A gentleman well and favorably known to the citizenship of Bellevue and one whose career in Clay county has been filled with deeds accomplished in the course of an honorable and industrious livelihood, is he whose name is presented in the introduction to this article. Coming to the state in 1882, poor in purse but rich in the physical, mental and spiritual qualities necessary to every successful and worthy citizen, he set, unconsciously, to the task of carving for himself and his dependents a modest and comfortable abiding-place and the establishment of a good name and a character above reproach. How well he has done in the achievement of his early ambitions, the unrecorded testimony of a community of friends will suffice to reveal.
May 3, 1856, John B. Duncan was born in Cobb county, Georgia, where his father, Perry Duncan, settled as an emigrant from the state of South Carolina. The latter was killed while serving in the Confederate army, i1n 1865. His ancestors were of Scotch-Irish origin and his forefathers settled in North Carolina, from whence his father, Samuel Duncan, migrated to South Carolina, finally settling in Georgia, where his death occurred at the great age of ninety-seven years.
Perry Duncan married Sallie Bly, who survived him four years and died at forty-eight years of age. Their sons and daughters were: Georgie, unmarried and residing with our subject; Robert J., who died in California, leaving a family; Virginia, who died in Bellevue, as Mrs. T. M. Donnor, leaving two children; John B., of this notice; Alvin, who died without issue; Susan, wife of William Johnson, of Bellevue; and Mark, of Fort Worth, Texas.
In his youth John B. Duncan learned the necessity and importance of labor and when young he learned the trade of stationary engineer and at thirteen years old took charge of an engine in a gold mine in his native county in Georgia. His trade, in the main, has provided him with a livelihood through life and when he reached Clay county from Cherokee county, Georgia, his first work was that of running the waterworks pump of the Fort Worth and Denver City Railway Company, at Bellevue, which work has ever since been in his charge.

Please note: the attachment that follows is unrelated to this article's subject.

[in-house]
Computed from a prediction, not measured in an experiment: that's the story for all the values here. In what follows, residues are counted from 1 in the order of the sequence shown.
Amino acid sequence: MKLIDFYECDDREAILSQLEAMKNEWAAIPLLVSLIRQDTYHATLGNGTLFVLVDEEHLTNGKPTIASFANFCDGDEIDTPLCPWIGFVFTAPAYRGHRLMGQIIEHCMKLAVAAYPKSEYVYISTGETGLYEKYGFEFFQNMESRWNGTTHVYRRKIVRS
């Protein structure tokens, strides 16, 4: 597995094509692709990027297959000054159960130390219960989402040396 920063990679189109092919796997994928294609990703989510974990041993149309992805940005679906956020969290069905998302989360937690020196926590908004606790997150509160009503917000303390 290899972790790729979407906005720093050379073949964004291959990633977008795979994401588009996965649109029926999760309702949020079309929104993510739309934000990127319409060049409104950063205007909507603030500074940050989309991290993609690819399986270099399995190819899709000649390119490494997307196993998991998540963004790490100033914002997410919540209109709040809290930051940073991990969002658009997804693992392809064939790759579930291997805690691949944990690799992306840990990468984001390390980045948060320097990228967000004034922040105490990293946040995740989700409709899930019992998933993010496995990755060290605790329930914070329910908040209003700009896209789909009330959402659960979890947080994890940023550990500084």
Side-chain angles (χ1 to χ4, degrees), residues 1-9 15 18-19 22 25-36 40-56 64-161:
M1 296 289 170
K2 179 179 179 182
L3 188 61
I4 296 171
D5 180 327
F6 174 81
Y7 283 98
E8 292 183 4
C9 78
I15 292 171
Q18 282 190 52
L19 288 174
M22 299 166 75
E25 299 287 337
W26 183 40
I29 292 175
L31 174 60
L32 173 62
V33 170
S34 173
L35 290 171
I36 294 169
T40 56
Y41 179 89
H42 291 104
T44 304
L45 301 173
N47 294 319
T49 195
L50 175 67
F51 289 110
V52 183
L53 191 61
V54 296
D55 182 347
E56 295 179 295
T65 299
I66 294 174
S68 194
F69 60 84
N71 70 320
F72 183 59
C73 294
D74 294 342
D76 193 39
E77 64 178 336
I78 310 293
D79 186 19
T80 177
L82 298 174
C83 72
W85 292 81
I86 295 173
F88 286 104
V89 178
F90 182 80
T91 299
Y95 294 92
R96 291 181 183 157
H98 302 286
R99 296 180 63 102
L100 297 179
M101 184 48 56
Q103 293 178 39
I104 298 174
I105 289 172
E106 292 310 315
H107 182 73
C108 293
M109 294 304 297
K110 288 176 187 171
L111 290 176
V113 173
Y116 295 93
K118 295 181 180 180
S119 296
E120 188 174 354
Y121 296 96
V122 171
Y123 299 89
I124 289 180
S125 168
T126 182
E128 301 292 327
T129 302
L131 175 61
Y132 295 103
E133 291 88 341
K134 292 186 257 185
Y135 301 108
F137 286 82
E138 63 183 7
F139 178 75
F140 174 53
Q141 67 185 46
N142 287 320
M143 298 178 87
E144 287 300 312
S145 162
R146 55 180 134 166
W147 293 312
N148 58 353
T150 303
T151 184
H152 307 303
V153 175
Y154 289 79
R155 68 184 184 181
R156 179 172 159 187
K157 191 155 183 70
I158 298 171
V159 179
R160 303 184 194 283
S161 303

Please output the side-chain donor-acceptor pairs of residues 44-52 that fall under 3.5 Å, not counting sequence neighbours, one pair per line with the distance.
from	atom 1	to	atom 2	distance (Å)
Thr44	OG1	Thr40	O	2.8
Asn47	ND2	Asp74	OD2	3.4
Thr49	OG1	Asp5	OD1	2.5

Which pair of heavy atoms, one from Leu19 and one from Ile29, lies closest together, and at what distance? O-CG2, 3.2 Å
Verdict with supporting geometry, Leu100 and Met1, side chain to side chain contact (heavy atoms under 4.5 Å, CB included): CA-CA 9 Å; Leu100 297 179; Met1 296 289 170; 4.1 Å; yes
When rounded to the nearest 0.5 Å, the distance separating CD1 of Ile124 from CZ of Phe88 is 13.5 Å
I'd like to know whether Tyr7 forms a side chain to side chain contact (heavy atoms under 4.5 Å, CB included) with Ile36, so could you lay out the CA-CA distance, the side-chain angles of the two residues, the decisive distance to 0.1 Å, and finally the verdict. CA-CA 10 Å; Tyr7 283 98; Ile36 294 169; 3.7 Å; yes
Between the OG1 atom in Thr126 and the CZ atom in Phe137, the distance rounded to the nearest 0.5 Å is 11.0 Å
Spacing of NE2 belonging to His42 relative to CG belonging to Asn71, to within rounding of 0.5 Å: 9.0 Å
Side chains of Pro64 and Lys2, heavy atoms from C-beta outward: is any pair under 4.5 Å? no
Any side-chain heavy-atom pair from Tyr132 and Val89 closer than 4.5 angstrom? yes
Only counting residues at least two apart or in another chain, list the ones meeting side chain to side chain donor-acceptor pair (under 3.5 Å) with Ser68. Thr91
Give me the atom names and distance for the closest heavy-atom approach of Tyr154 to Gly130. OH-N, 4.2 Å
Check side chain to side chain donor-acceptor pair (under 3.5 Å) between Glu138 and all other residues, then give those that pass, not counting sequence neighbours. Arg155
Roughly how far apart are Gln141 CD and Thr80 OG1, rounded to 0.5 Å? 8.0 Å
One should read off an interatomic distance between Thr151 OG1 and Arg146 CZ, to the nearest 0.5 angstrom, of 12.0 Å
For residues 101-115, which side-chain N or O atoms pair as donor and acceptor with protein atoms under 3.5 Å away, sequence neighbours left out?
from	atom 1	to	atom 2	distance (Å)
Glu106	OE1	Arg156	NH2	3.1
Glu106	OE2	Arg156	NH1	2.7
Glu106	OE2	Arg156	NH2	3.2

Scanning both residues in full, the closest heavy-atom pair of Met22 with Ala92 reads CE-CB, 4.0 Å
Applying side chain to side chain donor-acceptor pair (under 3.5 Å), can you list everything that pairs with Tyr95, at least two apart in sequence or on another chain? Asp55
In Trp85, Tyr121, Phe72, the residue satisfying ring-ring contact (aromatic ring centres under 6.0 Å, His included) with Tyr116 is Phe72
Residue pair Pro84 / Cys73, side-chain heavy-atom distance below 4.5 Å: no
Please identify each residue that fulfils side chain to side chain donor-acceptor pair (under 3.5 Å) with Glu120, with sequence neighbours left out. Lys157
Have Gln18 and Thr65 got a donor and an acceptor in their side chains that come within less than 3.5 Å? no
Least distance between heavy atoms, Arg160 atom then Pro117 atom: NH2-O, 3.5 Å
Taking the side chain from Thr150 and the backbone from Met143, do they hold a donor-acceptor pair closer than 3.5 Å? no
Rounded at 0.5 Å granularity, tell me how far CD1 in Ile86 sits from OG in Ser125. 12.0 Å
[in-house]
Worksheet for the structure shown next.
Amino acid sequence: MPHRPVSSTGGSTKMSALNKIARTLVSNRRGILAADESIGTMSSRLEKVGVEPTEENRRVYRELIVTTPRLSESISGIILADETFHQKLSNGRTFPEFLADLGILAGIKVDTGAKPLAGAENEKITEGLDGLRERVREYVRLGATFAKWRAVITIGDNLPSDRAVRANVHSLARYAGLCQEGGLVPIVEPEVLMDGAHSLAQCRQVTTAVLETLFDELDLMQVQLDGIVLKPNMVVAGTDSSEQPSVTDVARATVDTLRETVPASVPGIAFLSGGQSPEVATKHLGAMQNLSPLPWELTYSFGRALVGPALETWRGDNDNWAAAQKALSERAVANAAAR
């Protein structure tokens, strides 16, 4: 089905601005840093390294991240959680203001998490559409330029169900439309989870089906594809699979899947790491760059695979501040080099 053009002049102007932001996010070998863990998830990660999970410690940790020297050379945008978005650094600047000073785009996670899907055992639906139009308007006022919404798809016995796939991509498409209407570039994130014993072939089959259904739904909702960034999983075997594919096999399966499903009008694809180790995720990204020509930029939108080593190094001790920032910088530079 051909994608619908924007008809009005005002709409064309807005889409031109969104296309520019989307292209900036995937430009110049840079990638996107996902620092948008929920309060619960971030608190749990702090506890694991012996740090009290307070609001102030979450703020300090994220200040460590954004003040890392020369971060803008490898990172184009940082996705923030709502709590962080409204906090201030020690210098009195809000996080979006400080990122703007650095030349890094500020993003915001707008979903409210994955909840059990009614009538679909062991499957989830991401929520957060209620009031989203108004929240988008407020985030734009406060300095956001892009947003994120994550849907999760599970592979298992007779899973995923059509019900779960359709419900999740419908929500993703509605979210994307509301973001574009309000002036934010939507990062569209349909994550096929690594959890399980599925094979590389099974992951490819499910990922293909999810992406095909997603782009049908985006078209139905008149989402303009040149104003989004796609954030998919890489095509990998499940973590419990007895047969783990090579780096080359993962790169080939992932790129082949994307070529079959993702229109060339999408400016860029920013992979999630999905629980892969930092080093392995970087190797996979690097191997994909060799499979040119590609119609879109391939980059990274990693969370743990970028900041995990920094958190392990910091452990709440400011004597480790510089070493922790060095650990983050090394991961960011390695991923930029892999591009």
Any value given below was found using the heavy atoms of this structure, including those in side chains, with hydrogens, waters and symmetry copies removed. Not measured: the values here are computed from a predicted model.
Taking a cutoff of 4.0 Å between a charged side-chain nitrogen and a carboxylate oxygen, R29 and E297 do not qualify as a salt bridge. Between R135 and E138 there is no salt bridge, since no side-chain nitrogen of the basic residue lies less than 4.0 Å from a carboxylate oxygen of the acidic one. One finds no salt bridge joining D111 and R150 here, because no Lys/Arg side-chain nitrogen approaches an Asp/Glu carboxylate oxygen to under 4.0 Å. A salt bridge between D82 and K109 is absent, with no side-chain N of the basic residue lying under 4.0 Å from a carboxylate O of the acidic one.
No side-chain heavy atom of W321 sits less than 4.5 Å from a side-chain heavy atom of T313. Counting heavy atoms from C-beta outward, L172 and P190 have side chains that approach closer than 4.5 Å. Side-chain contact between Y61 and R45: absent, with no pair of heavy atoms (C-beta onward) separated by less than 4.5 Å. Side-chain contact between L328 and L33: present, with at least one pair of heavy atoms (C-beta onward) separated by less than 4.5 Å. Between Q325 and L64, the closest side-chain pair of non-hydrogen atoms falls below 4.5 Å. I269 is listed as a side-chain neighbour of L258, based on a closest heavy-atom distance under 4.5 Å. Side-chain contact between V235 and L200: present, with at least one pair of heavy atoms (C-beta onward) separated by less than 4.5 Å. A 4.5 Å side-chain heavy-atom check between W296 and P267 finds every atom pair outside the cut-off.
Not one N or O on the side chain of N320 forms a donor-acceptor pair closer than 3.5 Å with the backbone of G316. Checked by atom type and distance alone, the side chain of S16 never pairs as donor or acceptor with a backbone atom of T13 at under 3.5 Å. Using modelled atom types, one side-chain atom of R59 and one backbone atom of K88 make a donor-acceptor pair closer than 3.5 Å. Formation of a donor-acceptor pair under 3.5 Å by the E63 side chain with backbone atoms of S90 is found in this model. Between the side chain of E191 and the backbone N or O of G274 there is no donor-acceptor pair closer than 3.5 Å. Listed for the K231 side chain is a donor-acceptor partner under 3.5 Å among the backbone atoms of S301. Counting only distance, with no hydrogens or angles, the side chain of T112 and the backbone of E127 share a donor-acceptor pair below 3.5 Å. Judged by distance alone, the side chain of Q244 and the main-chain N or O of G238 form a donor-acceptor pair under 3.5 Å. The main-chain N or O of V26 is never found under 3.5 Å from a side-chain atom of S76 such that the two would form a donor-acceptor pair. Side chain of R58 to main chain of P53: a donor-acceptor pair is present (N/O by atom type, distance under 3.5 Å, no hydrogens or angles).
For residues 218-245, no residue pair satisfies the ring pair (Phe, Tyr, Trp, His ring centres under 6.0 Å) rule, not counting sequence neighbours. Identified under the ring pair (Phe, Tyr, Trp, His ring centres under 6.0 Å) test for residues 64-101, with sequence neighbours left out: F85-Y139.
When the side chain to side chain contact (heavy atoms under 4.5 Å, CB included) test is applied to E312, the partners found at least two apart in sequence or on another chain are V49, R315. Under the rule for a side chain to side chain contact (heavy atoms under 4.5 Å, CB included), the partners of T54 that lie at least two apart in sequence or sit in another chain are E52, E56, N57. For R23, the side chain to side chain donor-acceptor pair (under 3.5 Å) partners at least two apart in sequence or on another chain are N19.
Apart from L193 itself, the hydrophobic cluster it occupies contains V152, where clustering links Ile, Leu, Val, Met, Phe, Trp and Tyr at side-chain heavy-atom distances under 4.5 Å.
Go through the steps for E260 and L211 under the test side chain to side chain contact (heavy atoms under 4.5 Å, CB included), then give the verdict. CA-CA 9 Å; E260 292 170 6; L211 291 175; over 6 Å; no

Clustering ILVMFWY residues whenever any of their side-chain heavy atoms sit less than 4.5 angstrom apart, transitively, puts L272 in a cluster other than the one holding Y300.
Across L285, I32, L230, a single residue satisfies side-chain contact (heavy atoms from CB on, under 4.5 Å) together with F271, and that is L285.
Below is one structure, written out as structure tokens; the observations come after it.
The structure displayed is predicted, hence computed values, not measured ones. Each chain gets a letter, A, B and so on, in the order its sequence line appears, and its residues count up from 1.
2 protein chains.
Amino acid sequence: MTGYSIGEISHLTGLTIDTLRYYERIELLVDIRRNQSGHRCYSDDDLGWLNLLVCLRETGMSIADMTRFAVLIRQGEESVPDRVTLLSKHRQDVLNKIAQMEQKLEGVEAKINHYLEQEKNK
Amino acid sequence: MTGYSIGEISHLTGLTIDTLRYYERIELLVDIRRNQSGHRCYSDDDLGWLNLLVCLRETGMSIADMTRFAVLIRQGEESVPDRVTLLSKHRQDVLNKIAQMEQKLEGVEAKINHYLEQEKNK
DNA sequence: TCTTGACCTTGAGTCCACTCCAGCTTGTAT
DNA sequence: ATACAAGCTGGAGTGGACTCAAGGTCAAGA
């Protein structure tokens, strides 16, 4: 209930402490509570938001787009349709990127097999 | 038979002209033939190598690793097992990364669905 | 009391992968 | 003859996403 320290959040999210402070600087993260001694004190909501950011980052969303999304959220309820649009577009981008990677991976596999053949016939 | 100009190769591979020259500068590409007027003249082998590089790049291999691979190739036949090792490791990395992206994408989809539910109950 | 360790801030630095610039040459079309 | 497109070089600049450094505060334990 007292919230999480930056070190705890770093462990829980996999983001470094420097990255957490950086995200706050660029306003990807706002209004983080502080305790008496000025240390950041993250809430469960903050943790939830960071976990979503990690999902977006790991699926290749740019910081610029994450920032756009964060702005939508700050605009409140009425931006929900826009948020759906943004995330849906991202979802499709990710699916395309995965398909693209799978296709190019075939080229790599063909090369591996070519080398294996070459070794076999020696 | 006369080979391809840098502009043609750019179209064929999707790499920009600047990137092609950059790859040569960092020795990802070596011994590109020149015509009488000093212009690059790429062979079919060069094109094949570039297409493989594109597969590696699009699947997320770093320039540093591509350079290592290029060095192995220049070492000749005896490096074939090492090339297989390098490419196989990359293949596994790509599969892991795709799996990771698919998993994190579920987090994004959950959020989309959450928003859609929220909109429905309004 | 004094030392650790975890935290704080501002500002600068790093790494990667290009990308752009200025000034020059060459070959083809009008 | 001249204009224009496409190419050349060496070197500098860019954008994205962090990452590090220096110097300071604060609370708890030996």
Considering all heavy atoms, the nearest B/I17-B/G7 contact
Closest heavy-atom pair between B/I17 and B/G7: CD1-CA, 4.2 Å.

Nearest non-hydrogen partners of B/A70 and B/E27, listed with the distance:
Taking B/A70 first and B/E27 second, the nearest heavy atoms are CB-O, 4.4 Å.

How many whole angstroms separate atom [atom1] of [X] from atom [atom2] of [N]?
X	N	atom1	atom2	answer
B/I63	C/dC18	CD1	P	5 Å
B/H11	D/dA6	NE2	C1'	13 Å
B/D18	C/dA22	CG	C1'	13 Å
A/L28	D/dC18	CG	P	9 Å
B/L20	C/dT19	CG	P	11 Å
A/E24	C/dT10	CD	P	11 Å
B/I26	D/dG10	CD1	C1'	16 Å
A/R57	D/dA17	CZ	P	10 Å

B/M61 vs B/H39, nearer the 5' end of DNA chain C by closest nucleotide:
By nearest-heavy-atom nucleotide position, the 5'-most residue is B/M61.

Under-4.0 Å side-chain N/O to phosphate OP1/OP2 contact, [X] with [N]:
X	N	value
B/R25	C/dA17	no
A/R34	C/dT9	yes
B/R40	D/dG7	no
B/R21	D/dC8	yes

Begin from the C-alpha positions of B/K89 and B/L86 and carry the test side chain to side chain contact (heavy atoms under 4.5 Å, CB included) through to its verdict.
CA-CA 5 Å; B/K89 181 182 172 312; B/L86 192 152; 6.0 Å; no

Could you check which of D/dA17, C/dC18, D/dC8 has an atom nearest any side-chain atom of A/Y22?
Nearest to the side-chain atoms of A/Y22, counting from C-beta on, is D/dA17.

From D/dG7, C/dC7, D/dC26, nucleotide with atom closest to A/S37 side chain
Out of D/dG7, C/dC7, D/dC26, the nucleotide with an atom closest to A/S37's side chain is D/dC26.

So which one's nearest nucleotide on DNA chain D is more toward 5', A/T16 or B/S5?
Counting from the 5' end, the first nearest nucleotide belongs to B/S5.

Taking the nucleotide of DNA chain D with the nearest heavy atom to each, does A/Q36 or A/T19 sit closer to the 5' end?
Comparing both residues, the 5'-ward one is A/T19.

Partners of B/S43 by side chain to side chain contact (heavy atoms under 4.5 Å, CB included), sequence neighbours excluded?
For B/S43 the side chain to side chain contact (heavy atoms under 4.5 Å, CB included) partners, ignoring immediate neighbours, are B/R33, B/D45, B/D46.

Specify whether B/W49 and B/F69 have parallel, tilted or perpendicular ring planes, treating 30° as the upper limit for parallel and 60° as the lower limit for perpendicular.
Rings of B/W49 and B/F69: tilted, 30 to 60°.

Seeing the necessity of a gin in the new town of Bellevue in 1884, Mr. Duncan built a two-stand plant and operated it until the amount of cotton raised and tributary to this point was in excess of the capacity of the gin when it was remodeled and increased to double its original size. This plant he operated in company with Mr. Webb until February, 1905, when he exchanged his interest in the gin for land and is now the proprietor of more than a section of rich and productive soil near his little town. He owns a commodious home on one of the conspicuous sites of the village, and, lying adjacent to it, is a tract of a little more than a quarter section of his land.
Mr. Duncan was united in marriage, in Cherokee county, Georgia, with Miss Eunice Wood. The ceremony was performed by Rev. Akeman, at the home of Enoch and Sallie (Carney) Wood, the bride’s parents. Mr. and Mrs. Wood were South Carolina people and both are deceased, leaving children, viz: Adaline, wife of George Fredonby, of Rome, Georgia; John, who died at Rome, leaving a family there; Mary and Columbus, of Cartersville, Georgia; Napoleon, of Navajo, Oklahoma; Mrs. Duncan, born September 27, 1862; Amanda, wife of Levi Godfrey, and James and Emma, of Cartersville; Warren, of Hartshorn, Indian Territory, and Ella, of Hartshorn, wife of Ed Grady.
Mr. and Mrs. Duncan’s children are: Mason, who died in 1890 at ten years of age; Ida, born 1883; Freddie, born 1884, died the next year; William A., born February 27, 1885; John, March 1, 1887; May and Fay, October 9, 1889, twins—the latter deceased; Mark Grady, January 5, 1892; Annie, July 30, 1894; Amos; Lucy, October 27, 1899, and R. J., April 26, 1902. Mr. and Mrs. Duncan were married May 9, 1879, and their quarter of a century of married life has consequently been celebrated. They have reared, and are rearing, their children to become useful and honorable men and women and all are happily ensconced under the parental roof.
Source: B. B. Paddock, History and Biographical Record of North and West Texas (Chicago: Lewis Publishing Co., 1906), Vol. II, pp. 149-150.